“The proof is in the pudding,” Tom DeVito, the senior director of advocacy at Transportation Alternatives, a community group, said of the governor’s lobbying efforts. “Leaders — particularly leaders who say they support the program — need to be doing something.”
Cuomo said Thursday he “vehemently condemned” the Senate’s inaction and would continue to press for the bill’s passage.
“I will bring them back at any time, at a moment’s notice,” he said of the Legislature.
Legislators, for their part, laid blame at the opposing party’s feet. Sen. Jose R. Peralta, a Democrat from Queens, blasted his Republican colleagues on the Senate floor for choosing “politics over children’s lives,” and Sen. John J. Flanagan, the Republican leader, called Peralta’s remarks “hyperbole” and “out of order.” Flanagan noted that the Democrats had killed a separate bill to reduce the speed limit around school zones — the Democrats said they would not take any substitute for the cameras — and accused them of being the ones to politicize school safety.
“You can’t talk out of both sides of your mouth,” Flanagan said.
By the time the legislative session ended shortly before 2 a.m. Thursday, the speed cameras measure had been tacked onto no fewer than three unrelated proposals, with Assembly Democrats holding the local tax extenders hostage until the cameras were reauthorized, and Republicans conditioning the reauthorization on the installation of armed guards at schools or an increase in the number of charter schools.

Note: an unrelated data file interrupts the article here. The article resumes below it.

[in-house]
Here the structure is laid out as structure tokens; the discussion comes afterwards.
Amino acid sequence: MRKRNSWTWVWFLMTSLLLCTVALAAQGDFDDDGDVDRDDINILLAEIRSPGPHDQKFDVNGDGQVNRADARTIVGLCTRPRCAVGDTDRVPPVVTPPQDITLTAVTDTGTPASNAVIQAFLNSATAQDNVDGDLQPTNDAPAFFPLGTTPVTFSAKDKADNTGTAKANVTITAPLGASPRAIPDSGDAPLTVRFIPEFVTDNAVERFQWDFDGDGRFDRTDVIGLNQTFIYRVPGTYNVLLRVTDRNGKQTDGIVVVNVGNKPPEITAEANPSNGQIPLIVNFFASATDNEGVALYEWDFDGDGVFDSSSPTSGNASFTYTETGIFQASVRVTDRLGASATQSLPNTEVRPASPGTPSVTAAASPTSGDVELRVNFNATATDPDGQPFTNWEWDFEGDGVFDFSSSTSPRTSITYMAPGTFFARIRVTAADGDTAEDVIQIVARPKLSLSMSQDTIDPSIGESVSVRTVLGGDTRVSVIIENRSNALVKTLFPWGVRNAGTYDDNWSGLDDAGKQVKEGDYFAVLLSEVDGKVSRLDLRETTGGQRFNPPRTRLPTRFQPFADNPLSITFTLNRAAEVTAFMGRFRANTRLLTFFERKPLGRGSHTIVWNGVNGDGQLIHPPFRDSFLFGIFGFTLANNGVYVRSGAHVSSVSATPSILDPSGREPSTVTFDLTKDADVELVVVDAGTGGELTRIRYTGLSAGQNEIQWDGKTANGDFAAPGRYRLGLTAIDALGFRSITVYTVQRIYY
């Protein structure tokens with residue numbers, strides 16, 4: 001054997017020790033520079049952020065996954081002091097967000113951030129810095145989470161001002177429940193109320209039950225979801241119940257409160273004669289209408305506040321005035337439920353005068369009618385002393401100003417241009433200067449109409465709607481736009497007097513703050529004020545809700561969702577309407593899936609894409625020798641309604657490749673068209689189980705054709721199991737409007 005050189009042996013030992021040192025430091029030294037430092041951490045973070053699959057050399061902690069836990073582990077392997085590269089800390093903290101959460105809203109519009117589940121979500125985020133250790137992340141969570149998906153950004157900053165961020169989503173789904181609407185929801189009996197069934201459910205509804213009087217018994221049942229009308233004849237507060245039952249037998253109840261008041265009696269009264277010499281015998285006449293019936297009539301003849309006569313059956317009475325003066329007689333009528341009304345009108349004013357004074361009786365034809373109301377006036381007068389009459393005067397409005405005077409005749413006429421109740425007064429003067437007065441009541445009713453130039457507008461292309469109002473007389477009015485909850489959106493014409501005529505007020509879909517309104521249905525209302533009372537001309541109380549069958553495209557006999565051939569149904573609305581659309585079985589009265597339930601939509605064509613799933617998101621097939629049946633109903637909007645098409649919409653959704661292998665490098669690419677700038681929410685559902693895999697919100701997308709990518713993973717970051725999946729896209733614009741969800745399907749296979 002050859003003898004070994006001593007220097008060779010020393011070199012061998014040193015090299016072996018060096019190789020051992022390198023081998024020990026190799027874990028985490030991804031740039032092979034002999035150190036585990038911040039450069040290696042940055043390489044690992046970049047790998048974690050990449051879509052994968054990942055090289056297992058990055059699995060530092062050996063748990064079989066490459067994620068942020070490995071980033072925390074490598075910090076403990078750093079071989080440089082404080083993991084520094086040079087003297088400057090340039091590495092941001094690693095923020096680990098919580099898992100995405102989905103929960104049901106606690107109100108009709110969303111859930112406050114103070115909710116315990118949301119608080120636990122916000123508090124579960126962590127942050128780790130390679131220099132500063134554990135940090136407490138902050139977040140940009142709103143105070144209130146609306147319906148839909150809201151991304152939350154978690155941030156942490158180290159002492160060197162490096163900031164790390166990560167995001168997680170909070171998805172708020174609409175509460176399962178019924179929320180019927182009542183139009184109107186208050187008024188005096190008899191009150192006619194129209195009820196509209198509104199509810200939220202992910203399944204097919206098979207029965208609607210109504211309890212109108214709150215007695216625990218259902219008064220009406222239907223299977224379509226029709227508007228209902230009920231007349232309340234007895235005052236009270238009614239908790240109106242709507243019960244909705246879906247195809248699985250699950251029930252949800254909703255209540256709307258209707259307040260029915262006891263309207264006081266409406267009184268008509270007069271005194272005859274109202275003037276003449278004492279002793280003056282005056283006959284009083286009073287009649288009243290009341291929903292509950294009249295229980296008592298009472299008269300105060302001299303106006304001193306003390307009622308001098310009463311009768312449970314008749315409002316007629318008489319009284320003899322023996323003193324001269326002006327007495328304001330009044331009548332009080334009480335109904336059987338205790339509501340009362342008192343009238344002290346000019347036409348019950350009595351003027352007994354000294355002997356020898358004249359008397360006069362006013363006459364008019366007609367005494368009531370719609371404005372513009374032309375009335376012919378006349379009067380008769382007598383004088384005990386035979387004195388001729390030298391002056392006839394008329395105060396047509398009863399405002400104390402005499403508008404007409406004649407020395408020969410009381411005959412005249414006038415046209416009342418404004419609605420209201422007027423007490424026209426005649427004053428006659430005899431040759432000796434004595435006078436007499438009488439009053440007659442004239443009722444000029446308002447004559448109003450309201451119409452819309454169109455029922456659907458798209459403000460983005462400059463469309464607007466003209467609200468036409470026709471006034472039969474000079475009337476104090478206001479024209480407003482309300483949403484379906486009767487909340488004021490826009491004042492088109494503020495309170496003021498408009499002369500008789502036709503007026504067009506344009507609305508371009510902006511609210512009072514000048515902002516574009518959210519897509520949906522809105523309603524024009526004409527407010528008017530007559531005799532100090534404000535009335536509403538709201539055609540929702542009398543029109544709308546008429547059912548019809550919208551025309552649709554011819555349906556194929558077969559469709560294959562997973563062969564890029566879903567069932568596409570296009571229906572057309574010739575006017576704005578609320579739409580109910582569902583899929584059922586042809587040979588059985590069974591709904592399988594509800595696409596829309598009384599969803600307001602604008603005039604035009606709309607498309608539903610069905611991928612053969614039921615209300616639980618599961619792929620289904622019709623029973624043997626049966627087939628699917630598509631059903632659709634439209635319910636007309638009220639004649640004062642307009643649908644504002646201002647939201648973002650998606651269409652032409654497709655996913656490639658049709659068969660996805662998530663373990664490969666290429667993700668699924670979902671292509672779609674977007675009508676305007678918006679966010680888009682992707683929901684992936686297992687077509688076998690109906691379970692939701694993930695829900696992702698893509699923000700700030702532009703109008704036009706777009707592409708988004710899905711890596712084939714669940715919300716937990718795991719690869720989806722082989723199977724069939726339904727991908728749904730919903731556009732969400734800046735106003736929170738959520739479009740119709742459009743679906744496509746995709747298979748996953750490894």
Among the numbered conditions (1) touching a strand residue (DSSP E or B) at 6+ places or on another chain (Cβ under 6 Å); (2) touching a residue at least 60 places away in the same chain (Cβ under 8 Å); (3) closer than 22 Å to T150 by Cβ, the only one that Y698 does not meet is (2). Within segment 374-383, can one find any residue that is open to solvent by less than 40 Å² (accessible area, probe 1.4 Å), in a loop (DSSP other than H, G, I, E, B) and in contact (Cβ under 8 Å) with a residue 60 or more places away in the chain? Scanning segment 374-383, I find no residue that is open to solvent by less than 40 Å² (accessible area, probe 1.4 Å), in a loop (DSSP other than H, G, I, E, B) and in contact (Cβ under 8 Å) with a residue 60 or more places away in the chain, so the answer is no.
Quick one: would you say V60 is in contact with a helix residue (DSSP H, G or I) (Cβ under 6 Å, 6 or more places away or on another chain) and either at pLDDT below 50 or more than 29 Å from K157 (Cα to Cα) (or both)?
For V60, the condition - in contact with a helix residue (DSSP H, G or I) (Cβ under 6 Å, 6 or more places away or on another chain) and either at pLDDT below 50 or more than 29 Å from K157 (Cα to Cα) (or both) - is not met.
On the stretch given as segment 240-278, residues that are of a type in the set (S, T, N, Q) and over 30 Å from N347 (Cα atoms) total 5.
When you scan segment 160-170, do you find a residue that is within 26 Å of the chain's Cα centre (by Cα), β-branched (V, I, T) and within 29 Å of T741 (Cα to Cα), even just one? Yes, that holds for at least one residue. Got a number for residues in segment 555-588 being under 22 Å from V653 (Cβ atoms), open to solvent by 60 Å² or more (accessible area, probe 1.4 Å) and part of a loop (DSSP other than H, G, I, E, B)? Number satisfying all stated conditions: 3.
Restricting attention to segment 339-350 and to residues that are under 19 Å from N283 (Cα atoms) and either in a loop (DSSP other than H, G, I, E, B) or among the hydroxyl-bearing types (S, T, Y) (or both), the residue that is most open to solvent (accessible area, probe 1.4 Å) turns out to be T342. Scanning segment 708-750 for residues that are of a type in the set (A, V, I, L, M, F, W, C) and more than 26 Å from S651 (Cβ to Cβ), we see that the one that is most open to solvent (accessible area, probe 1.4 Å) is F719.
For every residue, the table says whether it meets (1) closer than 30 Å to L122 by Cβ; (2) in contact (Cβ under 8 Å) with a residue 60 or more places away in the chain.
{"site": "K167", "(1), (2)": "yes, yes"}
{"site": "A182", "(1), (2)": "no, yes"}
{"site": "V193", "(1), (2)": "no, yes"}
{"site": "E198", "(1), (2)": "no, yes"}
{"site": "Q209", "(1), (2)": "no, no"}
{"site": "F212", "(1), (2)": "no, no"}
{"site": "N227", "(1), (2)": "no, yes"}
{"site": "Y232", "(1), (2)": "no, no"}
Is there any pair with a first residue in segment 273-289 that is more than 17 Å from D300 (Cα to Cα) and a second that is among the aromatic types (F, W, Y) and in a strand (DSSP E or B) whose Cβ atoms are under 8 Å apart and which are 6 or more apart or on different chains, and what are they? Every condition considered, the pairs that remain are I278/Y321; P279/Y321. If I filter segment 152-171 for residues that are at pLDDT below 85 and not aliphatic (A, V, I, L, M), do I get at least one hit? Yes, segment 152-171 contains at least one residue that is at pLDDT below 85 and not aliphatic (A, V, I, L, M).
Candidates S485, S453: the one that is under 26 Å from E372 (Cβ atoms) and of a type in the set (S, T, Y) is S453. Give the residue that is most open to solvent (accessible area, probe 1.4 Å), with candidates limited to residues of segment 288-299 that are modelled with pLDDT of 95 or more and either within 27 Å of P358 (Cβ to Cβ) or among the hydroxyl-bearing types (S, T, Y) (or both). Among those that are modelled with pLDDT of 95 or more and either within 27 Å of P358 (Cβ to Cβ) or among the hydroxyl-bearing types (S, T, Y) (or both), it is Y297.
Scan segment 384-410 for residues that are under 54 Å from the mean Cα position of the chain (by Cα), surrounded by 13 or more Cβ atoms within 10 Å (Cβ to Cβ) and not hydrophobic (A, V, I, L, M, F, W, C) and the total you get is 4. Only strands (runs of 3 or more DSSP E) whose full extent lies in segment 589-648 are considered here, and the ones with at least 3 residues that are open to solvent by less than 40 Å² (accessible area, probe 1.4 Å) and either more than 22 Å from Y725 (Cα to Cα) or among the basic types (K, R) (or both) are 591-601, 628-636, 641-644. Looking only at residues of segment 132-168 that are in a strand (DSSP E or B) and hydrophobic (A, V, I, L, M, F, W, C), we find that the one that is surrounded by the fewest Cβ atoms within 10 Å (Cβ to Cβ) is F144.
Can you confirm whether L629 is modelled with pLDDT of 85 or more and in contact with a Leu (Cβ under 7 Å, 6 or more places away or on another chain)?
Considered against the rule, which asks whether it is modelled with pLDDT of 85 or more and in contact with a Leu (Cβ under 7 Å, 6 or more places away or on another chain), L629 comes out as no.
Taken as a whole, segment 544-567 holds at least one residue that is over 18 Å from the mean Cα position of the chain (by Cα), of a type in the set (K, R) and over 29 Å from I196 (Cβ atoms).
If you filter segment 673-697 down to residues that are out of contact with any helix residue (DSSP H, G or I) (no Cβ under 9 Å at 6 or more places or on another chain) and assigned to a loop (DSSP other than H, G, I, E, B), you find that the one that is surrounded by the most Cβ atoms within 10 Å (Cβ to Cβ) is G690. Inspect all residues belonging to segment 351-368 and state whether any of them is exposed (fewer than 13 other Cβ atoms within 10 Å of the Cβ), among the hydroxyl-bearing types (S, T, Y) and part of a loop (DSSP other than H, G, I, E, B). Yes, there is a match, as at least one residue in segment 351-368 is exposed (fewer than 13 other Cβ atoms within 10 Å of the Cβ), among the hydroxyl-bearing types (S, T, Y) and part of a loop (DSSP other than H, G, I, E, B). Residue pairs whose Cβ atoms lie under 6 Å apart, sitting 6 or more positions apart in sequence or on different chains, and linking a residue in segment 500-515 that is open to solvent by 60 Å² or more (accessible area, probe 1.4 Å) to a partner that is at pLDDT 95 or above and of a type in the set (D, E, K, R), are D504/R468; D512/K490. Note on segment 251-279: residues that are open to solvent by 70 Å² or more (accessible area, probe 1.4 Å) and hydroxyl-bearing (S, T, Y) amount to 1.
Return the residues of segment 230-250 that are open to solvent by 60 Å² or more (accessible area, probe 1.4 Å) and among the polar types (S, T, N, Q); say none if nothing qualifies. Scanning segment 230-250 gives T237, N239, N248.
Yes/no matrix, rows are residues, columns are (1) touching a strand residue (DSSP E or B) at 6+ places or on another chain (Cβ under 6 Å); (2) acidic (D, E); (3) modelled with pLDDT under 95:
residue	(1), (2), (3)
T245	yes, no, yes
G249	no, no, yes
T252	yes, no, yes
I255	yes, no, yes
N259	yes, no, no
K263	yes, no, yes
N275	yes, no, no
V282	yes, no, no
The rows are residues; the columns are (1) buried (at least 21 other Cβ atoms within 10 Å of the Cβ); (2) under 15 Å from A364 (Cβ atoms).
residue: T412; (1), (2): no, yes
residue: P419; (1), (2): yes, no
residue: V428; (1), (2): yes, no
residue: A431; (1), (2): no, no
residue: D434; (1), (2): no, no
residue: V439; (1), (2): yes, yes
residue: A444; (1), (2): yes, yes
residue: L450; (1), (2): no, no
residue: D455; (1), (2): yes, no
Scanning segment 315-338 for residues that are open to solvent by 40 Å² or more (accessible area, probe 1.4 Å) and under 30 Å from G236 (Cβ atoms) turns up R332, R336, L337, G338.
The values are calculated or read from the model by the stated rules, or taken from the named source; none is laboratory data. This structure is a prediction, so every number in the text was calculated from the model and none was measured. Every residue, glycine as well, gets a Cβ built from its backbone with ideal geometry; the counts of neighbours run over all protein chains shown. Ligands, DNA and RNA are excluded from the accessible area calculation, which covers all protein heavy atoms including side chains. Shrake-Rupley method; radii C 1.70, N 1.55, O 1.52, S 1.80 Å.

The now-abandoned extenders would have allowed the continuation of small but important fiscal measures, such as the City of New Rochelle’s occupancy tax or Cattaraugus County’s recording tax. Without them, local governments may need to re-evaluate their budgets.
“Nobody thought that they would adjourn without taking up these measures,” said Stephen J. Acquario, the executive director of the New York State Association of Counties. “People say that’s politics as usual. I say that’s baloney.”
Also left behind in the Capitol’s halls, alongside the empty sushi platters and ice cream cups that fueled legislators’ late-night inertia, were proposals to end cash bail, legalize sports betting, change admissions to the city’s specialized high schools, expand protections for victims of childhood sexual abuse and tighten gun regulations.
In their farewell speeches on the floors of the chamber — normally the venue for self-congratulation and (at least rhetorical) détentes — both Republican and Democratic Senate leaders offered muted endorsements of the previous six months’ accomplishments.
“Under these very difficult circumstances, we were able to do some of what people sent us here to do,” said Andrea Stewart-Cousins, the leader of the Senate Democrats. “Obviously there is unfinished business.”
Flanagan, of the Republicans, tried for a more upbeat conclusion.
“No one, even the most jaded amongst us, would have ever believed that we could have seen what we’ve seen,” he said. “But you know what? We got it done.
“Maybe not everything,” he continued. “But we got it done.”